I'm a postdoc at the Discrete Differential Geometry Lab of the GeorgAugustUniversität Göttingen. I'm funded by DFG individual grant under the project "Defects in Triply Periodic Minimal Surfaces" (Projekt number 398759432).
As a discrete geometer, I'm interested in polytopes, sphere packings, geometric representation of graphs and so on, preferably in nonEuclidean and high dimensional spaces.
I recently developed interests in differential geometry, mainly on minimal surfaces and constant mean curvature surfaces.

GeorgAugustUniversität Göttingen Institut für Numerische und Angewandte Mathematik Lotzestr. 1618 D37083 Göttingen, Germany 
Phone: +49 (0)551 3924571 Email: h.chen@math.unigoettingen.de Email: hao.chen.math@gmail.com 

Stacking disorder in periodic minimal surfaces
with Martin Traizet, to appear in SIAM J. Math. Anal. Summary: We construct a rich variety of doubly periodic minimal surfaces of infinite genus. They lift to minimal surfaces in the Euclidean space that are periodic in two independent horizontal directions, but nonperiodic in the vertical direction. In the language of crystallography, our examples should be considered as disordered stacking of catenoid necks. The TPMS twinning is then just a special case. 

A new deformation family of Schwarz' D surface
with Matthias Weber, to appear in Trans. Amer. Math. Soc. An orthorhombic deformation family of Schwarz' H surfaces with Matthias Weber, to appear in Trans. Amer. Math. Soc. Summary: These two papers show, respectively, two new 2dimensional families of triply periodic minimal surfaces of genus three, which can be seen as orthorhombic deformations of Schwarz' D and H surfaces. These families are exceptional since they do not belong to Meeks' 5dimensional family, yet the 1dimensional "intersections" with Meeks family exhibit singularities in the moduli space of triply periodic minimal surfaces of genus three. Picture on the left compares a new surface with the classical Schwarz tD surface. See Matthias blog post for a gentle introduction. 

Weakly Inscribed Polyhedra
with JeanMarc Schlenker, to appear in Trans. Amer. Math. Soc. Ser. B Abstract: We study convex polyhedra in the projective 3space with all their vertices on a sphere. We do not require, in particular, that the polyhedra lie in the interior of the sphere, hence the term "weakly inscribed". Such polyhedra can be interpreted as ideal polyhedra, if we regard the projective space as a combination of the hyperbolic space and the de Sitter space, with the sphere as the common ideal boundary. We have three main results: (1) the 1skeleta of weakly inscribed polyhedra are characterized in a purely combinatorial way, (2) the exterior dihedral angles are characterized by linear programming, and (3) we also describe the hyperbolicde Sitter structure induced on the boundary of weakly inscribed polyhedra.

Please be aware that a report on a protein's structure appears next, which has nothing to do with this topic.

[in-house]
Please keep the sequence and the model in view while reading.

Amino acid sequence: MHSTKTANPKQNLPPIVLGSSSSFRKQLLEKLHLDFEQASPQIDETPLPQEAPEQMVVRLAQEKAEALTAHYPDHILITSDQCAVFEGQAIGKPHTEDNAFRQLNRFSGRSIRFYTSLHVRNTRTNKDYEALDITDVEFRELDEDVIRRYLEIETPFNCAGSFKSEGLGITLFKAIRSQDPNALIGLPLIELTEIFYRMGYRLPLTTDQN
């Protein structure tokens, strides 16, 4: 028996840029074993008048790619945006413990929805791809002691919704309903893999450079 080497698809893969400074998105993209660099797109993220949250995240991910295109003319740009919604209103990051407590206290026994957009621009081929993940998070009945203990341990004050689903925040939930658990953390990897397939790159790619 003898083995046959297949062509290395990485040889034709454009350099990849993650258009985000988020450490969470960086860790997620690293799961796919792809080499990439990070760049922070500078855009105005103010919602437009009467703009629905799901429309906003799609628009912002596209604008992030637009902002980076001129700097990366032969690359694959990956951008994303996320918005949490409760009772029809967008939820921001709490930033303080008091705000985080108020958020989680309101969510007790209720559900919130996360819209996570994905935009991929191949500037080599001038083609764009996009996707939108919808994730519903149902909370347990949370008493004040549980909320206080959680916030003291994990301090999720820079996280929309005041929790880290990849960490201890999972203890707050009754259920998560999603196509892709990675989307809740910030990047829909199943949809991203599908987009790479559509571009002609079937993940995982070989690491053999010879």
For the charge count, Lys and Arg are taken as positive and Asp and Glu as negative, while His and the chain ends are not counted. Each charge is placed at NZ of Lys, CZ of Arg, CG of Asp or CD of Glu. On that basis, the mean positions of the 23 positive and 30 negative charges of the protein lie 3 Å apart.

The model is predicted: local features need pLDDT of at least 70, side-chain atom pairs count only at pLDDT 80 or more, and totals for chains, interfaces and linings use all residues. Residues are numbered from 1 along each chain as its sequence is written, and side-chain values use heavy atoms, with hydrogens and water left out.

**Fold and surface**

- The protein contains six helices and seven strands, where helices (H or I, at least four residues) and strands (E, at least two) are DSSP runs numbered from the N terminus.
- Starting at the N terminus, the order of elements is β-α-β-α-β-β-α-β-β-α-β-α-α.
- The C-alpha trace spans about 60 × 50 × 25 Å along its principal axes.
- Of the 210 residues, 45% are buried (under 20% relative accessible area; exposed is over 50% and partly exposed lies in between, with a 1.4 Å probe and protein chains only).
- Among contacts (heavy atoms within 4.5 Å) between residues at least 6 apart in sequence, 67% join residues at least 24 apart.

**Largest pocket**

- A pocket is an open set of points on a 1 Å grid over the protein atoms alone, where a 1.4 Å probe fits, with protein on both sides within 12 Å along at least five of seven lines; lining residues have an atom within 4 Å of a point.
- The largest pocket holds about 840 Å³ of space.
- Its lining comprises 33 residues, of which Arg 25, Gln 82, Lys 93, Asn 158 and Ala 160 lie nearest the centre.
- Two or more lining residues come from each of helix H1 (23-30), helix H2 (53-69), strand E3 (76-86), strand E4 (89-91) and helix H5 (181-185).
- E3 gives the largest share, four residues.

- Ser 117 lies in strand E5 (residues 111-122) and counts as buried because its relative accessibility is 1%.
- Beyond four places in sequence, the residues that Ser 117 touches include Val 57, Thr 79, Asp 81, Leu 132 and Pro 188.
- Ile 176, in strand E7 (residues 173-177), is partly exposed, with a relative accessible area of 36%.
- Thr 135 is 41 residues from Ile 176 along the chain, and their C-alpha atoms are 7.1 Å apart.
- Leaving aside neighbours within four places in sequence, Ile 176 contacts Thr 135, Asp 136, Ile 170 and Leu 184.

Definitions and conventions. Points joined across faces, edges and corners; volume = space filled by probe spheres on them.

Competition brings out the best: modelling the frustration between curvature energy and chain stretching energy of lyotropic liquid crystals in bicontinuous cubic phases
with Chenyu Jin in Interface Focus Abstract: It is commonly considered that the frustration between the curvature energy and the chain stretching energy plays an important role in the formation of lyotropic liquid crystals in bicontinuous cubic phases. Theoretic and numeric calculations were performed for two extreme cases: parallel surfaces eliminate the variance of the chain length; constant mean curvature surfaces eliminate the variance of the mean curvature. We have implemented a model with Brakke's Surface Evolver which allows a competition between the two variances. The result shows a compromise of the two limiting geometries. With data from real systems, we are able to recover the gyroid–diamond–primitive phase sequence which was observed in experiments. 

Minimal Twin Surfaces
in Exp. Math. Crystal twinning of bicontinuous cubic structures with Lu Han et al. in IUCrJ Abstract: In the first paper, we report some minimal surfaces that can be seen as copies of a triply periodic minimal surface (TPMS) related by reflections in parallel mirrors. We call them minimal twin surfaces for the resemblance with twin crystal. Brakke’s Surface Evolver is employed to construct twinnings of various classical TPMS, including Schwarz’ Primitive (P) and Diamond (D) surfaces, their rhombohedral deformations (rPD), and Schoen’s Gyroid (G) surface. Our numerical results provide strong evidences for the mathematical existence of D twins and G twins, which are recently observed in experiment by material scientists. For rPD twins, we develop a good understanding, by noticing examples previously constructed by [Traizet 08] and [Fujimori and Weber 09]. Our knowledge on G twins is, by contrast, very limited. Nevertheless, our experiments lead to new cubic polyhedral models for the D and G surfaces, inspired by which we speculate new TPMS deformations in the framework of Traizet. The second paper is a collaboration with physicists. We performed an indepth analysis of the twinning structures observed in experiments. 

Selectively Balancing Unit Vectors
with Aart Blokhuis in Combinatorica Abstract: A set U of unit vectors is selectively balancing if one can find two disjoint subsets U+ and U, not both empty, such that the Euclidean distance between the sum of U+ and the sum of U is smaller than 1. We prove that the minimum number of unit vectors that guarantee a selectively balancing set in ℝ n is asymptotically 1/2nlogn.